2 Timothy 3:14-15
Continuing in the Faith
Perseverance. So much of what the Christian life is about is perseverance, which Paul expresses here, saying, “But as for you, continue….” Now continuing—persevering—is something the wicked do as well, for as we learned yesterday, “Evil people and imposters will go from bad to worse, deceiving and being deceived.” This teaches us that “continuing” and “persevering” is something people—the righteous and the wicked alike—do; that is, it is not an attitude but a behavior, unconscious or not. If you will be a Christian growing in the grace and knowledge of our Lord and Savior Jesus Christ (and what Christian isn’t doing these things if he be truly saved), you will be one who is continuing.
The question is then asked: Continue in what? And the answer is ready on the Apostle’s lips, “In what you have learned and have firmly believed, knowing from whom you learned it.” Paul will go on to say that this which Timothy was taught is the sacred writings (Scripture) and how those writings “make [one] wise for salvation through faith in Jesus Christ” (the gospel). So what young Timothy had been taught both from his mother and grandmother (1:5) and the Apostle himself were the sacred writings of the law and prophets (Old Testament) and how those writings were now fulfilled and understood through the gospel of Jesus Christ. This is the most important thing—the Scriptures and the gospel. But Timothy may still acknowledge and understand as authoritative those who taught these truths to him.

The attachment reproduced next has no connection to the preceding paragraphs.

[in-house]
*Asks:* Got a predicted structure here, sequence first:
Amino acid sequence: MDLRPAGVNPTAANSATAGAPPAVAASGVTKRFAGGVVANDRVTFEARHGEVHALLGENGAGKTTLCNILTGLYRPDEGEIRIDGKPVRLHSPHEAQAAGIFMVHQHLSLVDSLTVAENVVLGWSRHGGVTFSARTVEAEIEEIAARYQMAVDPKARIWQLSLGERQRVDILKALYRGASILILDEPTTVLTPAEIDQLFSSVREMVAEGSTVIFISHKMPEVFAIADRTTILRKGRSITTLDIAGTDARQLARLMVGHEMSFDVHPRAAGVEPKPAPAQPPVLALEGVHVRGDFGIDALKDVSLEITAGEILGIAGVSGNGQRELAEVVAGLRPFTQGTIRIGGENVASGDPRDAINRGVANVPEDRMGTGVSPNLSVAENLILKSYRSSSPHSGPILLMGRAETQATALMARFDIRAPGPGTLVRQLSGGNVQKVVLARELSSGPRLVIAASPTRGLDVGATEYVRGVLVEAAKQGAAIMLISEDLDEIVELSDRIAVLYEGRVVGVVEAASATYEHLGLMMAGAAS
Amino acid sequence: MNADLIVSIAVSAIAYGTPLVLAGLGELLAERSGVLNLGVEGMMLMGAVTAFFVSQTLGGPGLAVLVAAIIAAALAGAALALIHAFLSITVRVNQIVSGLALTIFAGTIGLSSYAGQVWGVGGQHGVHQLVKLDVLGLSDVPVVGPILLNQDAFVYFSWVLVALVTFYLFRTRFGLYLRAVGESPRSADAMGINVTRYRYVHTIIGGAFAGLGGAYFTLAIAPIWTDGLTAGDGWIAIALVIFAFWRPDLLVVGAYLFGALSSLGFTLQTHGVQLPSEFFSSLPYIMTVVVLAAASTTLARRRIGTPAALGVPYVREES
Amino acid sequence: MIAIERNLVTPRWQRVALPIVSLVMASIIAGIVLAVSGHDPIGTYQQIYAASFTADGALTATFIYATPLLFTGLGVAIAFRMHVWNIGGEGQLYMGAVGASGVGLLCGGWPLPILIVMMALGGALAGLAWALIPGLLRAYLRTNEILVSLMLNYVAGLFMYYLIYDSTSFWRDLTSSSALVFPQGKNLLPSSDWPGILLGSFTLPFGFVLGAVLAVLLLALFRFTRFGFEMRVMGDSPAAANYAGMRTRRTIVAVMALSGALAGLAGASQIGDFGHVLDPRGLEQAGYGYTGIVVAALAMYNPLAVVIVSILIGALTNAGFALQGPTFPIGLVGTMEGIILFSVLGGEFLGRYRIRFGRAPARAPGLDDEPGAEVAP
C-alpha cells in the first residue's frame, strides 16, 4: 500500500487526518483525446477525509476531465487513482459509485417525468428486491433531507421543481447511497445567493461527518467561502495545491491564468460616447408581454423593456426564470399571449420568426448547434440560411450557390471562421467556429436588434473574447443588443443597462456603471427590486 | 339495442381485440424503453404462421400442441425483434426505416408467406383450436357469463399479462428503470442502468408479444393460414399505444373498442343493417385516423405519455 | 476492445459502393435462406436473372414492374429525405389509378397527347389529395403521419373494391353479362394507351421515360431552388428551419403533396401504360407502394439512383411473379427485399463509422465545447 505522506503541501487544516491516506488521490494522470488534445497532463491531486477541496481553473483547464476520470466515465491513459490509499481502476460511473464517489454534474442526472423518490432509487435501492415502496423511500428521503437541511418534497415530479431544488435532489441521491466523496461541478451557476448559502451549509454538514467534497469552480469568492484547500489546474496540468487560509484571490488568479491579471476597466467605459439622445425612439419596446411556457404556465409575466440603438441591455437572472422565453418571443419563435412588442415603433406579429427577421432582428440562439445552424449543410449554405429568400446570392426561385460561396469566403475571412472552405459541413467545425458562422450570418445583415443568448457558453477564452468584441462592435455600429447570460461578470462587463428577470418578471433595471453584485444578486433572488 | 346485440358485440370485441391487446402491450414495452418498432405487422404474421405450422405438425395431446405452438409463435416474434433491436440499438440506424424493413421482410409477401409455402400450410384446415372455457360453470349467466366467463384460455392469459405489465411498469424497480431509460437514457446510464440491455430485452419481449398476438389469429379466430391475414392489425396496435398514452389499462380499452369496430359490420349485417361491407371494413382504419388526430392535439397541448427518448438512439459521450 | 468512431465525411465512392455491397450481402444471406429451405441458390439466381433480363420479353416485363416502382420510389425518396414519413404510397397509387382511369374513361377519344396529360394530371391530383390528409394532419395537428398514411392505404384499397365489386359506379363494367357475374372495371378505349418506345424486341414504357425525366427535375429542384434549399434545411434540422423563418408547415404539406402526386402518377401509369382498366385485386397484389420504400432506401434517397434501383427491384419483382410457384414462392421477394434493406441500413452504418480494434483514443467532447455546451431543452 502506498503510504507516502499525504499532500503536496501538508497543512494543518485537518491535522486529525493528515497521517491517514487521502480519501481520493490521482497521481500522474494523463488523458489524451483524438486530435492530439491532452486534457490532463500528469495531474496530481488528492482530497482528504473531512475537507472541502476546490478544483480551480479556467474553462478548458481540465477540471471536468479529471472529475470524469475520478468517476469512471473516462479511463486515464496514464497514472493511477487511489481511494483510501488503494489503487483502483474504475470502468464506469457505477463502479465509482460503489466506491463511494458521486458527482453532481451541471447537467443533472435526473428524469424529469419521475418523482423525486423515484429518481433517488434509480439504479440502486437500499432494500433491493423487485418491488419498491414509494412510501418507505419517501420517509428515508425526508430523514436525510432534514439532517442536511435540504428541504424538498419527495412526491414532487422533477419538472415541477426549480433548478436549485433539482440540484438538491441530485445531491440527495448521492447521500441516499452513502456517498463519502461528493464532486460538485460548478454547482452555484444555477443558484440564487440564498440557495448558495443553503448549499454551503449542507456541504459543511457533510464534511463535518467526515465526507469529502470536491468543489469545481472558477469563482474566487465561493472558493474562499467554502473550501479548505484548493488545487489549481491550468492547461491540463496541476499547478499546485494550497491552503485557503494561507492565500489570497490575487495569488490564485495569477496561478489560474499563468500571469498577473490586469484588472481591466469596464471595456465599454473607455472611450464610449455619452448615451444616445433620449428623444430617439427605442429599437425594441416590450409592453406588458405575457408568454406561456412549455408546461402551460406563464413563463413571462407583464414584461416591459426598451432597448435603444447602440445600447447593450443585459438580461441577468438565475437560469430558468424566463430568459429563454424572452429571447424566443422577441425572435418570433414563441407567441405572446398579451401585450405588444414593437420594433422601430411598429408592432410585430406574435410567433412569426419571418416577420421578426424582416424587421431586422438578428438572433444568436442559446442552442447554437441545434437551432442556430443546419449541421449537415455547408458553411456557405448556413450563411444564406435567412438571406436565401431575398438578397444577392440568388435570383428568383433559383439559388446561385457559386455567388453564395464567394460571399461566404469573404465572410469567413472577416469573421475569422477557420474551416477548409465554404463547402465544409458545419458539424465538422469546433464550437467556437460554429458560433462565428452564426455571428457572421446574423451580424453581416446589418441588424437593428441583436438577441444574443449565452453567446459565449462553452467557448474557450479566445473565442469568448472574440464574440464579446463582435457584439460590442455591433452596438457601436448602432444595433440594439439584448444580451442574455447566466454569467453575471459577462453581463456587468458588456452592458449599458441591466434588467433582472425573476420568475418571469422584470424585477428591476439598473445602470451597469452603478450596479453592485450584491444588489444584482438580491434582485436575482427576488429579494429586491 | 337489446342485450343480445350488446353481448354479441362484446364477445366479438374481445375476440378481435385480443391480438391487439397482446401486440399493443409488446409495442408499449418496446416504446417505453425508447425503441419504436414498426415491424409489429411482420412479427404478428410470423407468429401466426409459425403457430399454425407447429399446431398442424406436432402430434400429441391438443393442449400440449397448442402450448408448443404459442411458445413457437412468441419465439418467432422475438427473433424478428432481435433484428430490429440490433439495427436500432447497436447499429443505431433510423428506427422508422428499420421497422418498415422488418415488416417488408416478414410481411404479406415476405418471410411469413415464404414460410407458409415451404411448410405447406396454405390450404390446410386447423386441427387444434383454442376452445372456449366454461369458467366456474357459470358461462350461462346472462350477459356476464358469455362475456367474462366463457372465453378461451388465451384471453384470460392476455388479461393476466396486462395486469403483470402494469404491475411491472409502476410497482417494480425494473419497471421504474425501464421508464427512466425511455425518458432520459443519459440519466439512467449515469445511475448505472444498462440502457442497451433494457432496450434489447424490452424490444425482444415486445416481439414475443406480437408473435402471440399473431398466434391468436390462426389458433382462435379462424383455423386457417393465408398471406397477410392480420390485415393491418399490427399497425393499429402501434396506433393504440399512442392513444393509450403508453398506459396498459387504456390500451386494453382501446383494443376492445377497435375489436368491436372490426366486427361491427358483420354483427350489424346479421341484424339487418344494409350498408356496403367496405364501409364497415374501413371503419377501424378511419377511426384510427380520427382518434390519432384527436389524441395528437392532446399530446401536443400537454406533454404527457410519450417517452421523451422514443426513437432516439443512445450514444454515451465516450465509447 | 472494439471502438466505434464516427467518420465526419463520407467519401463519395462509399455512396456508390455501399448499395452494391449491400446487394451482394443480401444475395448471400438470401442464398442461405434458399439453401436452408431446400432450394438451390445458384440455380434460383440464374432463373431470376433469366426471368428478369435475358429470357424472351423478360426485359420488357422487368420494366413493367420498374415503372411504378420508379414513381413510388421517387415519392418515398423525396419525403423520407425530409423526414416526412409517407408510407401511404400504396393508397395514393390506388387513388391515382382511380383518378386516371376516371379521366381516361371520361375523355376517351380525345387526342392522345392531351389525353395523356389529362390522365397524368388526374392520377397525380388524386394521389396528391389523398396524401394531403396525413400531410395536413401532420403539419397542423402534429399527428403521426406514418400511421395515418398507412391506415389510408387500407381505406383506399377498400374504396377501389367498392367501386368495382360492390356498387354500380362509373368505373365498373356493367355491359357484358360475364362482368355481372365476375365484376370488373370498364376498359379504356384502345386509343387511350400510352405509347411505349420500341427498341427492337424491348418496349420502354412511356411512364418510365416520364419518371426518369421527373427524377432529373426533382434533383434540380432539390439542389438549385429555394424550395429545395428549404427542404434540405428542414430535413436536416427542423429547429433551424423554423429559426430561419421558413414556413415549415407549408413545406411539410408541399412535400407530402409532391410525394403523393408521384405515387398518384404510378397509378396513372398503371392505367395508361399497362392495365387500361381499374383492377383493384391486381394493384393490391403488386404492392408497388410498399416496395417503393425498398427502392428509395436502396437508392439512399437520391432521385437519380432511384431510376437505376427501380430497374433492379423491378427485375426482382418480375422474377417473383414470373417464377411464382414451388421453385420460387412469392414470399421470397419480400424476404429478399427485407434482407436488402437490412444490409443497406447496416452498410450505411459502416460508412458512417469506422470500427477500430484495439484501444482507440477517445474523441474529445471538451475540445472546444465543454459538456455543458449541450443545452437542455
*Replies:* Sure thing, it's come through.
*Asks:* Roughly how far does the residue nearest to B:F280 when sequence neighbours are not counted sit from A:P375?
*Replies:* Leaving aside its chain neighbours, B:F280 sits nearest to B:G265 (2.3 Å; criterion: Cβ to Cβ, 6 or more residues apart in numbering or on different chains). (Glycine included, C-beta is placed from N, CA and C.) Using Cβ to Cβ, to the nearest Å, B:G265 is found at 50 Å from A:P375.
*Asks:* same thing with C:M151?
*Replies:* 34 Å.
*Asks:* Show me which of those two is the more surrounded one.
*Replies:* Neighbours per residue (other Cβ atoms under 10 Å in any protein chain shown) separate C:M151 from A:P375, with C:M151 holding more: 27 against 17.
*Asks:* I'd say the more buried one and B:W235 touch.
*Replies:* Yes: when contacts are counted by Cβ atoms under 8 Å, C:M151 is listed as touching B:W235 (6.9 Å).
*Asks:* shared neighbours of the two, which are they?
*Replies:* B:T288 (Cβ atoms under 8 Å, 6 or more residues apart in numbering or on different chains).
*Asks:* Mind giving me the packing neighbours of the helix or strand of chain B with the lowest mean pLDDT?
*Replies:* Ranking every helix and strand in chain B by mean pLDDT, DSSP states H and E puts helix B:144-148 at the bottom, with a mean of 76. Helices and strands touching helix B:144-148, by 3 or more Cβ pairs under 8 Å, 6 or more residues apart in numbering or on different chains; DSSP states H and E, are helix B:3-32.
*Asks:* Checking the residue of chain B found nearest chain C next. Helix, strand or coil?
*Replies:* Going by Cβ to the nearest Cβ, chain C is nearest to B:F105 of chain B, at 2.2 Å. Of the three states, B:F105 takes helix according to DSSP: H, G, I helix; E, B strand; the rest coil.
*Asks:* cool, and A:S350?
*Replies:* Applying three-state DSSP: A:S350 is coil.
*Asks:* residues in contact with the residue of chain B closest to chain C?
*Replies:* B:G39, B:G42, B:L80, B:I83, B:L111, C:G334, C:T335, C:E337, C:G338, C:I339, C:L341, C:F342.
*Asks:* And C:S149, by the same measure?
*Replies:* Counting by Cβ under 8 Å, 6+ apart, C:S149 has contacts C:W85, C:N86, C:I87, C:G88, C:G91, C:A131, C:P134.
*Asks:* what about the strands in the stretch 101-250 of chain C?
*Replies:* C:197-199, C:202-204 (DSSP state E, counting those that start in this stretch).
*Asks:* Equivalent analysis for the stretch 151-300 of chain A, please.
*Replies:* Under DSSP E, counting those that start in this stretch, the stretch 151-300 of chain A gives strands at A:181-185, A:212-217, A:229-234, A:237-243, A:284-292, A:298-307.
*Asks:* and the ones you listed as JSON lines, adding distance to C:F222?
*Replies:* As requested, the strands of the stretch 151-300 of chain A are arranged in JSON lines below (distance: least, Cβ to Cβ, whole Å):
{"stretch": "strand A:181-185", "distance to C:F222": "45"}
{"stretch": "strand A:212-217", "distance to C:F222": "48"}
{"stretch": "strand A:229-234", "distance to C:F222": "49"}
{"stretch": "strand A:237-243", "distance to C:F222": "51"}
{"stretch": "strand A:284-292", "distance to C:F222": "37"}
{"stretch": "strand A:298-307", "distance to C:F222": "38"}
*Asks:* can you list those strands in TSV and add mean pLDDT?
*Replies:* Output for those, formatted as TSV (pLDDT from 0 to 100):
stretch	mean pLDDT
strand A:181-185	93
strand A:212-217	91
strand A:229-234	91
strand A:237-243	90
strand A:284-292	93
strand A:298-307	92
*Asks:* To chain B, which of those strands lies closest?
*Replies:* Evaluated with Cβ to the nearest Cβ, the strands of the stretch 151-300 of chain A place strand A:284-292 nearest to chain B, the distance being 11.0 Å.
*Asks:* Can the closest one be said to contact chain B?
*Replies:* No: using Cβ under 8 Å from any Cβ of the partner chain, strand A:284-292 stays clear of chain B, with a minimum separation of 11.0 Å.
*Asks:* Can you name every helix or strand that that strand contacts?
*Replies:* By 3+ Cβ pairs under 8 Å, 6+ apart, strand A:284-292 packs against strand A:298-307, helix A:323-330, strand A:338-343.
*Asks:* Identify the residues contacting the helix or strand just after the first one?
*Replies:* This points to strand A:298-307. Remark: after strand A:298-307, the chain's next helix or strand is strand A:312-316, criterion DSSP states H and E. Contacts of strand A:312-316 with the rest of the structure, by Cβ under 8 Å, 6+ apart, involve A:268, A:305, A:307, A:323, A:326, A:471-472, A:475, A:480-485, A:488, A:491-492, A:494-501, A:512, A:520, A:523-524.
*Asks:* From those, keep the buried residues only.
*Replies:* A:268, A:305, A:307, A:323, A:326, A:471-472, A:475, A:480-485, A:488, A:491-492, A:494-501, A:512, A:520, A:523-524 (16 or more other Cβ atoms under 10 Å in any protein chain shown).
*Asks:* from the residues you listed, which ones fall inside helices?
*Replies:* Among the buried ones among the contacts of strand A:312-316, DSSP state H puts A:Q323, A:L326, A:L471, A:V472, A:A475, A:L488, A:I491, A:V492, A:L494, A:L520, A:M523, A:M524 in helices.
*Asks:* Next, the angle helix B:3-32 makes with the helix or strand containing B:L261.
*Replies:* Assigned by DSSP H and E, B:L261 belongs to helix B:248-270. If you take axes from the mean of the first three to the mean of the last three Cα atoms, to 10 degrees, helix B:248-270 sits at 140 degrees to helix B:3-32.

I must stop and speak to the matter of what Scripture is teaching us here; in short, the importance of parents and grandparents teaching the faith to their children. The local church was never meant to be a substitute for the family; every Christian home is a microcosm of the church at large. Mom and Dad must be sure to be the primary influences and shapers of their children’s minds and hearts, and they must shape them through the teaching of Scripture. Even the Apostle Paul who was ever preaching grace through faith and the inefficacy of the law for salvation never cursed his heritage but embraced it which he now understood in the light of Christ. A godly heritage must be the goal of every parent; to raise that child to know, read, and love the Scriptures, to pray fervently for his and her salvation and that they grow to become men and women of God—this is the task of the Christian home which is both church and school. And it is the best way to see that they “continue in what [they] have learned and have firmly believed.”